Coronavirus unemployment: WME cuts 20% of its workforce
Talent agency William Morris Endeavor said Thursday it is making cost reductions that will affect 20% of its roughly 1,500 employees, part of ongoing cuts at the Beverly Hills-based parent company.
WME said most of the cuts will come from layoffs, but other employees affected could be furloughed or have their work hours reduced to part-time status due to fallout from COVID-19. The pandemic has shelved many Hollywood productions and live events, and that has severely eroded the income stream for WME and other talent agencies.
“While we are making these difficult decisions now to safeguard our business, we believe in the resilience of our team and our industry,” WME said in a statement.
WME’s cost-cutting efforts affect agents, executives and assistants, with the music department most heavily hit.
Among the agents leaving WME is partner Duncan Millership, whose clients have included Helena Bonham Carter, Hugh Jackman and Tom Hollander, sources said. He has joined Anonymous Content as a manager, Deadline reported.
The announcement is part of a larger initiative at WME’s parent company, Endeavor, to reduce its expenses. Endeavor said one-third of its staff would be affected by layoffs, furloughs or reduced work hours.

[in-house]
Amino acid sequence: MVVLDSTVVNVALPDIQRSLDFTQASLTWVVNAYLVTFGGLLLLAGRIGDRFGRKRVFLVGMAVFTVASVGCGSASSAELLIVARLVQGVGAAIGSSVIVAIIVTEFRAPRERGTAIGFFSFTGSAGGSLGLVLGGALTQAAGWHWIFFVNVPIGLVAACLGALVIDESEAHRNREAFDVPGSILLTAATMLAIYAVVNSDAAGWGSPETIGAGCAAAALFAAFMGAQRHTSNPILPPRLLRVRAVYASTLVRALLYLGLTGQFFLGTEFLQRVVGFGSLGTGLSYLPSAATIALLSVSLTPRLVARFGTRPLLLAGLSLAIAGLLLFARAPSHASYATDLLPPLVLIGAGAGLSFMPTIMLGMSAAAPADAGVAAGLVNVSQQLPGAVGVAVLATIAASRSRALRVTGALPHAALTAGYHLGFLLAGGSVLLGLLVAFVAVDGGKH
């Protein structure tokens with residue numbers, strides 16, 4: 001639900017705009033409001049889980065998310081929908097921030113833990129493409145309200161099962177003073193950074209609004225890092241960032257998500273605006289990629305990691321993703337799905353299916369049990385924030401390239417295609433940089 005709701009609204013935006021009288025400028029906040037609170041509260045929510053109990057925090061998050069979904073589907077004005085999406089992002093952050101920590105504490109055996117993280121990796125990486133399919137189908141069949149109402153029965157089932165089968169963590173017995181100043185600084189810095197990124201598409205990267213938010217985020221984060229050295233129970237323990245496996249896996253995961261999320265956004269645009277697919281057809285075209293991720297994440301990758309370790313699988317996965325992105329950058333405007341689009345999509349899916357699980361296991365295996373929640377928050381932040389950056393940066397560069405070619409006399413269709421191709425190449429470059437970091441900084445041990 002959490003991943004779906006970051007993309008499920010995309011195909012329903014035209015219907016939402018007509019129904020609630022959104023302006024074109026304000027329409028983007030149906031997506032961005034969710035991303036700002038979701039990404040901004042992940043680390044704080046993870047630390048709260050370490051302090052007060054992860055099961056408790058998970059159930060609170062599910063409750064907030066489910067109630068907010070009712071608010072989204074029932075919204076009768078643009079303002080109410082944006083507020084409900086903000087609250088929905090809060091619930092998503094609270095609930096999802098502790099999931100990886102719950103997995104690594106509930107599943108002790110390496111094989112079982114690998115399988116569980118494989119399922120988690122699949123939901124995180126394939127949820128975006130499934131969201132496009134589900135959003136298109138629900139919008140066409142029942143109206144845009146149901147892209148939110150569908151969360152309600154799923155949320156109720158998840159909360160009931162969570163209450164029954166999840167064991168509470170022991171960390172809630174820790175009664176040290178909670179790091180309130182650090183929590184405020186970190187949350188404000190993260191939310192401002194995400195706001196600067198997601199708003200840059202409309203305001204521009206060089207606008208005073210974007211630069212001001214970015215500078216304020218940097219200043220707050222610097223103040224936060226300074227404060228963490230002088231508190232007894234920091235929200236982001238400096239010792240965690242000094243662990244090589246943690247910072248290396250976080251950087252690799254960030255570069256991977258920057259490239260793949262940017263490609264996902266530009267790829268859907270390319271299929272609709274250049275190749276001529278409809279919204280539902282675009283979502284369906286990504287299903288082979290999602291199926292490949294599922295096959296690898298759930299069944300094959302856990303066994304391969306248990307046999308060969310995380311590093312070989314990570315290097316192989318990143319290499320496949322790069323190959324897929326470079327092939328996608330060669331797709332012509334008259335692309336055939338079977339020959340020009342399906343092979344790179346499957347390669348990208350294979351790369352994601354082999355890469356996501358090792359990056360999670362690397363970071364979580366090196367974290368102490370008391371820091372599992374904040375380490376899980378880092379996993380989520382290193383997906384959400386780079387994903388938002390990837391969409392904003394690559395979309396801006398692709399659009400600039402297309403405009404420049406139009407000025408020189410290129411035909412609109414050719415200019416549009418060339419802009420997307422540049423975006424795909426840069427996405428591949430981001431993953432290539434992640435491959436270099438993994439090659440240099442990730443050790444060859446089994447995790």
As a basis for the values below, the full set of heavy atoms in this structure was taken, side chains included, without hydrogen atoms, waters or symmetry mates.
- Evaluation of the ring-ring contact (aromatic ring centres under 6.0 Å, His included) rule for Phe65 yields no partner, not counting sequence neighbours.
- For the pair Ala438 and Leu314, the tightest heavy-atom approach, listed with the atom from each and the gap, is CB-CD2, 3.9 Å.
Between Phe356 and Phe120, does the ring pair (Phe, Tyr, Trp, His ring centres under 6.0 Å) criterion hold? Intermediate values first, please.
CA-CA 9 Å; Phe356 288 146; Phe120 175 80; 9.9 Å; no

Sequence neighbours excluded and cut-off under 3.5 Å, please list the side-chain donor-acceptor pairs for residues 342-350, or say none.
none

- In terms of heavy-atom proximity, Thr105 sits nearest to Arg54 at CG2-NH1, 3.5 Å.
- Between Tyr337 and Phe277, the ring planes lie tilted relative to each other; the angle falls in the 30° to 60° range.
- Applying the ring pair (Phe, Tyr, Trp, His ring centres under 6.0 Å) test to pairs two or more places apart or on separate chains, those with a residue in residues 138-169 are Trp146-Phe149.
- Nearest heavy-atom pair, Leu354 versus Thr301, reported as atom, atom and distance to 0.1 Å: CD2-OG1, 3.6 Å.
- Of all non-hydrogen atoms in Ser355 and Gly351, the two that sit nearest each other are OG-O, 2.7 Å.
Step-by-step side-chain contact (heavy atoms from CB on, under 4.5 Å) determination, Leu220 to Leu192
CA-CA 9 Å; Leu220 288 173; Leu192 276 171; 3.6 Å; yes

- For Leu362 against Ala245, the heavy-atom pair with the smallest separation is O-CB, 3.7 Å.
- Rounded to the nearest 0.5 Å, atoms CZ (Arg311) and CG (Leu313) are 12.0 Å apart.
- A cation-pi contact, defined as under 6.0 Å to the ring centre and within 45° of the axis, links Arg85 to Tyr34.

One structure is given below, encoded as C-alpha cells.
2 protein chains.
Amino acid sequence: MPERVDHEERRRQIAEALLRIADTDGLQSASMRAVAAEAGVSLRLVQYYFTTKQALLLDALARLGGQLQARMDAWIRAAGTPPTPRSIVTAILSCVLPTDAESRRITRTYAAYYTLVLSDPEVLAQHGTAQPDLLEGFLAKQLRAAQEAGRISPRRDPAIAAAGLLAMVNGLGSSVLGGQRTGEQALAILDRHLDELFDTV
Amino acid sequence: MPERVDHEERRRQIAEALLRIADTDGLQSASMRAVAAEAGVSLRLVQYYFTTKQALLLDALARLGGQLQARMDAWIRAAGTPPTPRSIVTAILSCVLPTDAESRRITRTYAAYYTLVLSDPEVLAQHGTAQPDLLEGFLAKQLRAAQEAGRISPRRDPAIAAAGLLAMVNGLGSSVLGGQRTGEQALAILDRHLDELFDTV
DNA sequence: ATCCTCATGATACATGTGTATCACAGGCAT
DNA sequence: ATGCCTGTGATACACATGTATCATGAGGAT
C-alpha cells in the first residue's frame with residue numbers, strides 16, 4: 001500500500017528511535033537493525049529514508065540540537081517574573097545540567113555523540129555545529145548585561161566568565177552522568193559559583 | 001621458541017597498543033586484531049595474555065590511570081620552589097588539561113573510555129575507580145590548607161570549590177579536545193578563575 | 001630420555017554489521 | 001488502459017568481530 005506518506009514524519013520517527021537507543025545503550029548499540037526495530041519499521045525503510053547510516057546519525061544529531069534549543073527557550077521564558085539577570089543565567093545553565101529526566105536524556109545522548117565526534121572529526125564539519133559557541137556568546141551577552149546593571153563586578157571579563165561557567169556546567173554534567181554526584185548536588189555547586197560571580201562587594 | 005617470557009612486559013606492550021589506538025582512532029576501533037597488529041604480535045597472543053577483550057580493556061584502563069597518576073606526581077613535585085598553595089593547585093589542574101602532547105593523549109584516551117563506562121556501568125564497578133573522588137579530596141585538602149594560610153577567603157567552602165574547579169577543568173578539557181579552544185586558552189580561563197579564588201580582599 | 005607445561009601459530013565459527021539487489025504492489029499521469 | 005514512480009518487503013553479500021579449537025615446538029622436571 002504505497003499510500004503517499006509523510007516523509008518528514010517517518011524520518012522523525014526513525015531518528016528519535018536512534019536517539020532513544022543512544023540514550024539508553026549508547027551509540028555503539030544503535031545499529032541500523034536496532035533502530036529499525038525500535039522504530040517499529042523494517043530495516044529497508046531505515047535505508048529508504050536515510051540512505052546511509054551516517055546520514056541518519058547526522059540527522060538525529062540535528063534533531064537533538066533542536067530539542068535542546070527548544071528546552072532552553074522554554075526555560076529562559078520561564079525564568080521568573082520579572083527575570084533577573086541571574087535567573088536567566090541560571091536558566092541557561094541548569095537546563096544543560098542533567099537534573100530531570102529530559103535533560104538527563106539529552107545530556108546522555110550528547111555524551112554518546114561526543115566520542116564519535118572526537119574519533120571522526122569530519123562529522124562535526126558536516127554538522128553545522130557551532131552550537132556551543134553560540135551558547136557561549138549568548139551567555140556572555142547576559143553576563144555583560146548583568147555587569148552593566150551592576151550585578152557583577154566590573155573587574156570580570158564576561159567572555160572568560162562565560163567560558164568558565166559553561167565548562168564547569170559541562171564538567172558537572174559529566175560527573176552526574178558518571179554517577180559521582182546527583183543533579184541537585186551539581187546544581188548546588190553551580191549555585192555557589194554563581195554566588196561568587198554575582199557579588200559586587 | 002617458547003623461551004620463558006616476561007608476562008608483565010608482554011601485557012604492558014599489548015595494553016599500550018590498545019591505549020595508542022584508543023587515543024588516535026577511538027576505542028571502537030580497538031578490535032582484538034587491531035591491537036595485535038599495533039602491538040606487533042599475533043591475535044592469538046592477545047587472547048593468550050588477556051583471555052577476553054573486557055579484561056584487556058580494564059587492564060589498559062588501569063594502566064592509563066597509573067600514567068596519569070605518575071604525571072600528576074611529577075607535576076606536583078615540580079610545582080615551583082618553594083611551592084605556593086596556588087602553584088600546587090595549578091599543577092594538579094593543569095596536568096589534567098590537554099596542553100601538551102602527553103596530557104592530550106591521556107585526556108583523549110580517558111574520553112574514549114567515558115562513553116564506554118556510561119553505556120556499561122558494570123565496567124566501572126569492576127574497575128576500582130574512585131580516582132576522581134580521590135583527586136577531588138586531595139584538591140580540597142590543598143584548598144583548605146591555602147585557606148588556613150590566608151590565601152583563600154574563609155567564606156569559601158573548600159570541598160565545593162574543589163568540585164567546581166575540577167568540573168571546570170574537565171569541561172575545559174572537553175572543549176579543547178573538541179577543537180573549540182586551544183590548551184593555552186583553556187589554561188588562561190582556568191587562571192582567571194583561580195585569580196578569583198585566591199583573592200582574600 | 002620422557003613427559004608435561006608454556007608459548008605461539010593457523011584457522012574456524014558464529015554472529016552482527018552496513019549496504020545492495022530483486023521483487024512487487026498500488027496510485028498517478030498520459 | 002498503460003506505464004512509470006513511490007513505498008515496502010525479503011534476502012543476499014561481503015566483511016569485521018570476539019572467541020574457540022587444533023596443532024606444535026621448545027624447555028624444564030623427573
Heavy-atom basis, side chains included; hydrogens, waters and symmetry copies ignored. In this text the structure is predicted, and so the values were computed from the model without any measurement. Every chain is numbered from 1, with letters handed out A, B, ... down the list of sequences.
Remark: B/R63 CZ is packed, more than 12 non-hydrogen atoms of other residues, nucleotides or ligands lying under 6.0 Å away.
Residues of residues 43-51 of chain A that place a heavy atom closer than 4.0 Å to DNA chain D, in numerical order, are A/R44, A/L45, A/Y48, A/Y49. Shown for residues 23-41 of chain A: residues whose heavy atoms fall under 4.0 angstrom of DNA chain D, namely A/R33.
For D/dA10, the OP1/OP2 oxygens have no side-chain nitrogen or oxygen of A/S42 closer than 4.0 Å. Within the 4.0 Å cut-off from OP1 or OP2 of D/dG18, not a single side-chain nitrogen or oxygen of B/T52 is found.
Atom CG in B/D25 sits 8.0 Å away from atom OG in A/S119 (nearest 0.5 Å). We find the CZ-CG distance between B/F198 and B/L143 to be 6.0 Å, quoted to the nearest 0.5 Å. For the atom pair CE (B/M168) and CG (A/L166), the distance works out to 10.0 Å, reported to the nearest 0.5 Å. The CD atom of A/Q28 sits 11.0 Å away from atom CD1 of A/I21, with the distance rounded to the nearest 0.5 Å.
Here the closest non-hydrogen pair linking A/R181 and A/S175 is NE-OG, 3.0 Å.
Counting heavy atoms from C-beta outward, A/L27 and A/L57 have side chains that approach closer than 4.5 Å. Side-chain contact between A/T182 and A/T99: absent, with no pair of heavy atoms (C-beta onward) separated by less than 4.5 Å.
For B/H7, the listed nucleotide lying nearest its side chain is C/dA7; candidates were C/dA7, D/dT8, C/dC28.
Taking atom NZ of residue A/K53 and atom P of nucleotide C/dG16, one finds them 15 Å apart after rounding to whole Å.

Endeavor Group Holdings, owner of WME and UFC, has officially withdrawn its intention to go public.
The cuts are a blow to Endeavor, which had planned to launch an IPO last year. Before the coronavirus crisis hit, Endeavor had a heavy debt load after making a string of acquisitions, including buying UFC. The company had $4.6 billion in debt as of September, according to a regulatory filing.
Last month, S&P Global downgraded Endeavor to a CCC+ credit rating from a B and said the outlook for the company is negative.
“Endeavor entered 2020 with a highly leveraged capital structure, therefore the anticipated significant drop in revenue in 2020 could potentially result in an unsustainable capital structure,” the S&P Global report said.
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